Criteria for languages?

Gerard Meijssen gerard.meijssen at
Fri Dec 11 11:24:26 CET 2009

I want to comment on the nds issue. As it is, nds is spoken in both the
Netherlands and in Germany. From a language coding point of view these
things are handled significantly different. The Dutch nds has been split in
several individual language while the German nds has not. Obviously, as the
territory in Germany where nds is spoken is much larger, the variability of
the language is at least as big as it is in the Netherlands. For me it is
therefore not at all a surprise when people want to carve up nds in Germany
as well.

2009/12/3 John Cowan <cowan at>

> Doug Ewell scripsit:
> > This rule also does not apply to 'lv', since there are no other
> > languages encompassed by the macrolanguage (since it was not, until now,
> > a macrolanguage).
> It doesn't now, but if the change passes, it will.  Then we cannot create
> an extlang tag for lvs, because ltg does not have one, and we cannot
> create an extlang tag for ltg, because lvs does not have one.  You may not
> like this reading of 12.C.2, but it is a possible reading.
> > As Addison points out, either (a) 'ltg' and 'lvs' both get extlangs, or
> > (b) neither one does.
> I agree with that, and I agree that we have the power to give them
> extlangs,
> but only if we meet the RFC 2119 rules for overriding a SHOULD NOT.
> > Of course, all of this presumes ISO 639-3/RA takes the requested actions
> > on Latvian, and the same decision process (possibly with different
> > results) applies to the new Lithuanian subtags as well if those are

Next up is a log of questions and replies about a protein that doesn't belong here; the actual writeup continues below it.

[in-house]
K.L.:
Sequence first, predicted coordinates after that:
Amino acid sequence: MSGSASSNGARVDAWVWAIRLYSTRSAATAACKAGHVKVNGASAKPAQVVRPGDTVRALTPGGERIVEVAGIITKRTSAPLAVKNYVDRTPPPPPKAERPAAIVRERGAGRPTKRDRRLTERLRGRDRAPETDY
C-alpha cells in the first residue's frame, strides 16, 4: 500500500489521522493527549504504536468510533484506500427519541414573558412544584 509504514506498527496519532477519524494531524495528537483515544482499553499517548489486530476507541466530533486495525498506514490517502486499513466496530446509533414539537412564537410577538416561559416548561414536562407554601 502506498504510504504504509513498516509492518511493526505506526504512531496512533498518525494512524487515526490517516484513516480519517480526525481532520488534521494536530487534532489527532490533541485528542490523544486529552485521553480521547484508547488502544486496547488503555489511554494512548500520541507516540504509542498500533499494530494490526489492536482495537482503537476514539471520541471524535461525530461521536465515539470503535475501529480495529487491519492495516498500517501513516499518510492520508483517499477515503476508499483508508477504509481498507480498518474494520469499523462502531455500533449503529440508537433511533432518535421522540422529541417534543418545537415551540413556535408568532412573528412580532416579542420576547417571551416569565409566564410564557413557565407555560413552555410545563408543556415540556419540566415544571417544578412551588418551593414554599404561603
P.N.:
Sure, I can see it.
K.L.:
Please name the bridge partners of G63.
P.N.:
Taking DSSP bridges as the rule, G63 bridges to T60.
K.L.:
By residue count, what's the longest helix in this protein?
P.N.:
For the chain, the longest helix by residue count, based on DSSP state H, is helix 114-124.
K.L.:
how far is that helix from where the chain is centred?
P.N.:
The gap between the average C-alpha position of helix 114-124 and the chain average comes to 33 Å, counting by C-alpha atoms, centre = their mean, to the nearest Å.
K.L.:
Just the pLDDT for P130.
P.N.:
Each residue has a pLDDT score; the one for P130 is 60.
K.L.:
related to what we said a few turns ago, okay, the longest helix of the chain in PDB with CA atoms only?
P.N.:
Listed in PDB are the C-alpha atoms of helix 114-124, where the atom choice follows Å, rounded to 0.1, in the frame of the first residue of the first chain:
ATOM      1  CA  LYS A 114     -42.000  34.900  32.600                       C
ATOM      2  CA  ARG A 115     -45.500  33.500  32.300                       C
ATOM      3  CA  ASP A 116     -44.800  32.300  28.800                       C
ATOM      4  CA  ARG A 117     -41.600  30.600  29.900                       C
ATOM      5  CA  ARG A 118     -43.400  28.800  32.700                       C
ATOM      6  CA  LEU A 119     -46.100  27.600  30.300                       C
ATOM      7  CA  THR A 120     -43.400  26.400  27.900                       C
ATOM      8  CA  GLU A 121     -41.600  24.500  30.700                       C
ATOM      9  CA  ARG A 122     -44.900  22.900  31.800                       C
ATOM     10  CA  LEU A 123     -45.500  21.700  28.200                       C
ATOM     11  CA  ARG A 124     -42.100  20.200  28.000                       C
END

> > approved.
> Indeed.  In addition to Latvian and Lithuanian, the following individual
> languages are being proposed for change to macrolanguage scope, some
> with renaming:
> Blang 'blr': rename to Plang, encompass 3 new individual languages,
> with a strong probability that this list will grow.
> Central Bontoc 'bnc': rename to Bontok, encompass 5 new individual
> languages including Central Bontok (narrowly defined).
> Low German 'nds': encompass 10 existing and 1 new individual language.
> (This one is very sparse on evidence, and my personal suspicion is that it
> won't fly without much more support.)
> --
> John Cowan  cowan at<>
> Big as a house, much bigger than a house, it looked to [Sam], a grey-clad
> moving hill.  Fear and wonder, maybe, enlarged him in the hobbit's eyes,
> but the Mumak of Harad was indeed a beast of vast bulk, and the like of him
> does not walk now in Middle-earth; his kin that live still in latter days
> are
> but memories of his girth and his majesty.  --"Of Herbs and Stewed Rabbit"
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